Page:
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KPU – a controversial metabolic disorder

The equine organism must deal with a large number of harmful substances. An excess of cereals and sugary feeds, strain from moulds and environmental toxins put high demands on the horse's detoxification organs. Long-term overload on the liver, kidneys and gut increases the risk of metabolic disorders. One of these disorders is kryptopyrroluria (KPU), a detoxification disorder that involves a wide range of symptoms. Learn which of your horse's symptoms indicate KPU and how to best help your horse here.

What is KPU?

Kryptopyrroluria (KPU) or haemopyrollactamuria (HPU) is a disorder of the detoxification system that involves a loss of nutrients. This metabolic disorder causes the horse to eliminate so-called kryptopyrroles with its urine.

When these kryptopyrroles are eliminated, they take trace elements and vitamin B6 with them, leading to deficiencies. This weakens the entire organism and makes the horse susceptible to secondary diseases.

Is KPU a real disease?

KPU is a topic of controversy in veterinary medicine. Its clinical picture is not recognised in traditional medicine as there have been no scientific studies on it to date.

Without a doubt, however, some well-nourished horses show symptoms that may be attributed to trace element and vitamin B6 deficiencies, which can have severe effects. Whether these are diagnosed as KPU or not, the causes should be investigated regardless!

The theory of a genetic predisposition for KPU in horses has been rejected. Kryptopyrroluria is seen today as a metabolic disorder that is curable with proper treatment and changes to feed and stabling.

What are kryptopyrroles?

Kryptopyrroles are a variant of pyrroles – the building blocks of haemoglobin and degradation products of protein metabolism. Pyrroles are harmful in large numbers but do not pose any threat to a healthy equine organism in small quantities: pollutants and toxins (poisonous substances) are broken down in the bile and excreted with the faeces.

This process involves certain enzymes and P5P (pyridoxal5-phosphate), a precursor of Vitamin B6, which is produced in the horse's gut. An insufficient amount of activated vitamin B6 will bring the metabolism out of balance, with fats, carbohydrates and proteins no longer being properly converted. P5P also supports the liver in detoxification processes. A healthy gut microbiome is necessary for the breakdown, binding, and removal of harmful substances.

Disturbances to the gut microbiotica and enzyme activity and the associated lack of active P5P cause the organism to have a higher concentration of pyrroles. Differently structured pyrrole molecules are formed – kryptopyrroles ("hidden" pyrroles) which cannot be broken down in the same way as pyrroles.  In this case, metabolism occurs via a work-around. In the liver, harmful degradation products are bound to trace elements – mainly zinc, selenium, sulphur and manganese – for excretion via the kidneys.

Afflicted horses show increased kryptopyrrole levels in the urine as well as a deficiency of those trace elements which are flushed out with the urine.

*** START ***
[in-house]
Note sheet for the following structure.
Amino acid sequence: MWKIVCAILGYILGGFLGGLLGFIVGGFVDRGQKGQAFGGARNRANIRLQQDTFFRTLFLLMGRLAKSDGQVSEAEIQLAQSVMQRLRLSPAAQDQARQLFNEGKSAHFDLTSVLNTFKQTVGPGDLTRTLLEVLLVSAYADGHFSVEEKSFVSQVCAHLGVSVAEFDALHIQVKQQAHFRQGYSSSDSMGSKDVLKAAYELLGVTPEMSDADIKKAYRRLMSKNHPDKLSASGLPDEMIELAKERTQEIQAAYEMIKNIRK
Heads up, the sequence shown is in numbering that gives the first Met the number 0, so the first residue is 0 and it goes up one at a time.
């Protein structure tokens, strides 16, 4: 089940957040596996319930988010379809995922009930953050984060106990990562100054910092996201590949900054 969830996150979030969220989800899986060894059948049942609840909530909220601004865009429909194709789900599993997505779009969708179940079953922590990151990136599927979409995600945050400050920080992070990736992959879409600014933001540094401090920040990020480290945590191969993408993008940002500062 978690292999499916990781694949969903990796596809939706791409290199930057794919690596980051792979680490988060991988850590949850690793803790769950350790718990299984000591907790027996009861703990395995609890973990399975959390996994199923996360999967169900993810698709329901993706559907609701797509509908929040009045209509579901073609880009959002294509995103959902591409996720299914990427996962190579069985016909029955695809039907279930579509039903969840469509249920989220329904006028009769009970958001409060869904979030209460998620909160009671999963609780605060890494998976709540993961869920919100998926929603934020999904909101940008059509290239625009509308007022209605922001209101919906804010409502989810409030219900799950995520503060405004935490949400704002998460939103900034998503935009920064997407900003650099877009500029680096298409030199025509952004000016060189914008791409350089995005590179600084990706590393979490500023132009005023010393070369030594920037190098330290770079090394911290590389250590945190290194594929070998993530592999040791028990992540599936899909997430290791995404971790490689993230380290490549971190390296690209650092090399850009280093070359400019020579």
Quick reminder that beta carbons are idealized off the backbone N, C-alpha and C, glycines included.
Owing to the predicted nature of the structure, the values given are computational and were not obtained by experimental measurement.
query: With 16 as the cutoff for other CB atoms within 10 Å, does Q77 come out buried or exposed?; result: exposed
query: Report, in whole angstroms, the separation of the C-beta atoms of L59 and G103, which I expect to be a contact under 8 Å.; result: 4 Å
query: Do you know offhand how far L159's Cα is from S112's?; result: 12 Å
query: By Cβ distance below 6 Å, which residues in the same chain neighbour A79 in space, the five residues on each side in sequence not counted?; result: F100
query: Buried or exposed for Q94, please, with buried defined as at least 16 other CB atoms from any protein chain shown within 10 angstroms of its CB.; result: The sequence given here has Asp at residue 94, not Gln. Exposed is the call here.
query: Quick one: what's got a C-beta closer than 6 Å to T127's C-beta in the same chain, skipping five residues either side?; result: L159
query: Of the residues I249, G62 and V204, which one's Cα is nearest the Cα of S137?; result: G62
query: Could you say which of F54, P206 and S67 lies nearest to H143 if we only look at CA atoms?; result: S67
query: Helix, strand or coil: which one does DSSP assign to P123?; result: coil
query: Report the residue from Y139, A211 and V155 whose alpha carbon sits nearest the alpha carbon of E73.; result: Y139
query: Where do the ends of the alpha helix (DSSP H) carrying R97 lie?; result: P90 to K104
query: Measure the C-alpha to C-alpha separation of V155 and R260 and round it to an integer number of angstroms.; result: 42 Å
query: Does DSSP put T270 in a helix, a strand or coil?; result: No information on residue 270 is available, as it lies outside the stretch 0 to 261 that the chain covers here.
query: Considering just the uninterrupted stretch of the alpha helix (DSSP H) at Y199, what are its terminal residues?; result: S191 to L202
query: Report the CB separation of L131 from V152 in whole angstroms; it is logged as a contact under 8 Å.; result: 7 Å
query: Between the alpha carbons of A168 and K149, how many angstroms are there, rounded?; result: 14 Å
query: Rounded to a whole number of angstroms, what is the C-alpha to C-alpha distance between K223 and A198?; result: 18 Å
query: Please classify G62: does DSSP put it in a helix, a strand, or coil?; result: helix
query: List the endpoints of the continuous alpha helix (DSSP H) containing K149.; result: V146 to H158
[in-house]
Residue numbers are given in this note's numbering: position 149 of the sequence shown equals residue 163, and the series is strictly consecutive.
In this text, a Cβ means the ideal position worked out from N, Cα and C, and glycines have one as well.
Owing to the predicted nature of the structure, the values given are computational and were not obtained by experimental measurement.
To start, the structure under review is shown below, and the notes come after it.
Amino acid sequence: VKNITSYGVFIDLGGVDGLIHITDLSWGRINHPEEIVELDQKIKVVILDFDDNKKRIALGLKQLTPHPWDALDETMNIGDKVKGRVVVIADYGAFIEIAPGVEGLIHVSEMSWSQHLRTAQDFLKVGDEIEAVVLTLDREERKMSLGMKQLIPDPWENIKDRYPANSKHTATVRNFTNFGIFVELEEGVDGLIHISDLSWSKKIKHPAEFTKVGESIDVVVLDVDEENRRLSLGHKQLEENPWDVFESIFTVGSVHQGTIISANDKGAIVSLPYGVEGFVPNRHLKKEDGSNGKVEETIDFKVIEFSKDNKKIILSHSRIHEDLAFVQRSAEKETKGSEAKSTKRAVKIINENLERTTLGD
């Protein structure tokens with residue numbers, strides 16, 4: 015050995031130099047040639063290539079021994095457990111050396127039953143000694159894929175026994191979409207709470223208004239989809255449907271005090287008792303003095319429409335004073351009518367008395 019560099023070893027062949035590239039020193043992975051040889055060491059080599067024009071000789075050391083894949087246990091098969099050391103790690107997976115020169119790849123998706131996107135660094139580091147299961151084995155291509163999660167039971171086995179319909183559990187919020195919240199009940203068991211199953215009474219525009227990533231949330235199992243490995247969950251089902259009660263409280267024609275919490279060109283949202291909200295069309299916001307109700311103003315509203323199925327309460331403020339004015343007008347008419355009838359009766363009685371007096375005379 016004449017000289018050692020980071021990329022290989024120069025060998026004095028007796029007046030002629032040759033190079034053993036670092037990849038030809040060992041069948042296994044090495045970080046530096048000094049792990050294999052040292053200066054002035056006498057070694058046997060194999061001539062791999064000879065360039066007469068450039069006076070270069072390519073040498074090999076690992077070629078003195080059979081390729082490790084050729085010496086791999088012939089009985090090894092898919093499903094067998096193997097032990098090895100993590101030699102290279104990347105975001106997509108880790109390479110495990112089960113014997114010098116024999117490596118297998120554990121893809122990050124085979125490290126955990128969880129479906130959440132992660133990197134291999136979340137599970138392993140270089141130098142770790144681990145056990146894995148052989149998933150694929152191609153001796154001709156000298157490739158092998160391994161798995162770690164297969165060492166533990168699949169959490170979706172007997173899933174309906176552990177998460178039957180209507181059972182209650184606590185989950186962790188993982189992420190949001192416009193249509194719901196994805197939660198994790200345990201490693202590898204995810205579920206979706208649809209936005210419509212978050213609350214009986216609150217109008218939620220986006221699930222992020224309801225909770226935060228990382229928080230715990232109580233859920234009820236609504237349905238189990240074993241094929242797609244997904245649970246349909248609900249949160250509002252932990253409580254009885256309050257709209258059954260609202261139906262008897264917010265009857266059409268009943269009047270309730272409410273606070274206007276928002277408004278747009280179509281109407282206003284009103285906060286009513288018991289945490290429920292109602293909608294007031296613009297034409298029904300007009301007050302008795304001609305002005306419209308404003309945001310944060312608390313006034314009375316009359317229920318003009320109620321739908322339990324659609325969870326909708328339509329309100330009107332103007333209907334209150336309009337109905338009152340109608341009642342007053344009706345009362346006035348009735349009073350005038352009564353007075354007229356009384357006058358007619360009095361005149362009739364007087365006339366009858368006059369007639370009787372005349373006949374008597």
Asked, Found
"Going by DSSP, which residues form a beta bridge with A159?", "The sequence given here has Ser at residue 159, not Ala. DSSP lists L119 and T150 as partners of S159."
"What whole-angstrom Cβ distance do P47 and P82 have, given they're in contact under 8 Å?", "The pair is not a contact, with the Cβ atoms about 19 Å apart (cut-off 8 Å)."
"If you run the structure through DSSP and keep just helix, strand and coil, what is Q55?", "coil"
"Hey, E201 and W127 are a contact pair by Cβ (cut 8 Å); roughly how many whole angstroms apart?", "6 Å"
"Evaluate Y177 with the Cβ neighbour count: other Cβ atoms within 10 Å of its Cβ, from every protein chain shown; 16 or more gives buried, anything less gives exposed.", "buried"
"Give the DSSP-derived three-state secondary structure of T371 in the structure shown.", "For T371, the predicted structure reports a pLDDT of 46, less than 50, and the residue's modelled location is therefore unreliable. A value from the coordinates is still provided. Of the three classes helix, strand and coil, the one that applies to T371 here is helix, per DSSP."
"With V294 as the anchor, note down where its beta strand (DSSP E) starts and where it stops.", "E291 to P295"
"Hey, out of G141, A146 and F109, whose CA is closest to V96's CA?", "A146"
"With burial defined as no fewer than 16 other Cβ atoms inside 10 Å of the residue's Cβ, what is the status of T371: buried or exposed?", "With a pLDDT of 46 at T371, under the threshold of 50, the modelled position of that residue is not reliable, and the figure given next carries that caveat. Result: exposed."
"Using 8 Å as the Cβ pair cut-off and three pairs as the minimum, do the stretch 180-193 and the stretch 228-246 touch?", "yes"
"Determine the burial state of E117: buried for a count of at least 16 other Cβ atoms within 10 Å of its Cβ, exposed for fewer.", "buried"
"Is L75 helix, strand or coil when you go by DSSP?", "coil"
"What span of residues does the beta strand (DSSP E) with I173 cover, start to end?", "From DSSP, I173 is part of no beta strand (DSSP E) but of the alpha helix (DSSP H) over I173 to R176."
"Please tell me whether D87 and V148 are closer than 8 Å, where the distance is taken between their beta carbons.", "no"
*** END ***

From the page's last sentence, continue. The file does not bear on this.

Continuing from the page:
Trace element deficiency: what are the consequences?

Many metabolic processes involve trace elements. In the medium to long term, a deficiency can lead to symptoms that can plague a horse.
A zinc deficiency weakens the immune system. The horse will be more susceptible to infections and allergic reactions, for example sweet itch.
A selenium deficiency is expressed in fatigue and decreased performance, stiff muscles, and in some horses loss of hair.
A sulphur deficiency is a common cause for skin, hair, and hoof problems, but can also lead to respiratory problems such as irritable cough.
Important: A sulphur deficiency is not determined by a blood count!
A manganese deficiency is rare, as manganese is plentiful in forage.

What symptoms suggest KPU?

KPU affects the horse's entire organism, with a wide range of symptoms that often require treatment independent of the clinical picture of KPU.
The following symptoms and signs suggest KPU:

  • Warning signs of liver and kidney overload
  • Skin problems like sweet itch or mud fever
  • Hoof problems like thrush, poor horn quality, or white line disease
  • Digestive disorders like colic, watery stool, and diarrhoea
  • Musculoskeletal problems such as unexplained lameness, muscle strains, susceptibility to tendon and ligament injuries, exostoses
  • Neurological clinical pictures like ataxia or shivers
  • Metabolic disorders like EMS, Cushing's disease, insulin resistance, and susceptibility to laminitis
  • Respiratory diseases like COPD or chronic cough ("hay dust allergy")
  • Weakened immune system manifested in allergies, drug intolerance and susceptibility to infection.

How is KPU diagnosed?

Urine testing: A KPU test can determine the kryptopyrrole levels in a horse's urine sample. Levels above a certain threshold suggest that the horse suffers from KPU. The longer the disease has been present, the higher the level.

Tip: With a little patience, horse owners can collect urine samples themselves simply by waiting until the horse urinates! Very few laboratories offer KPU testing!

However, kryptopyrrole levels alone are not conclusive, as these can vary from horse to horse as well as change with the seasons. Kryptopyrrole levels should always be viewed in relation to the horse's indican levels.

Indican is a marker for a dysbiosis (bacterial imbalance) in the gut and can be measured in the urine. An indican level of 0 is optimum, while a level of 4 indicates a severe disruption to the gut flora, faulty fermentation, and decay.

Blood count
A full blood count will also indicate whether a horse has KPU. The parameters do not all have to be significant. Low levels of zinc and selenium as well as elevated liver values also point to KPU.  

Important: One week before taking a urine or blood sample, stop feeding supplements that contain vitamin B6 or zinc so as not to distort the values!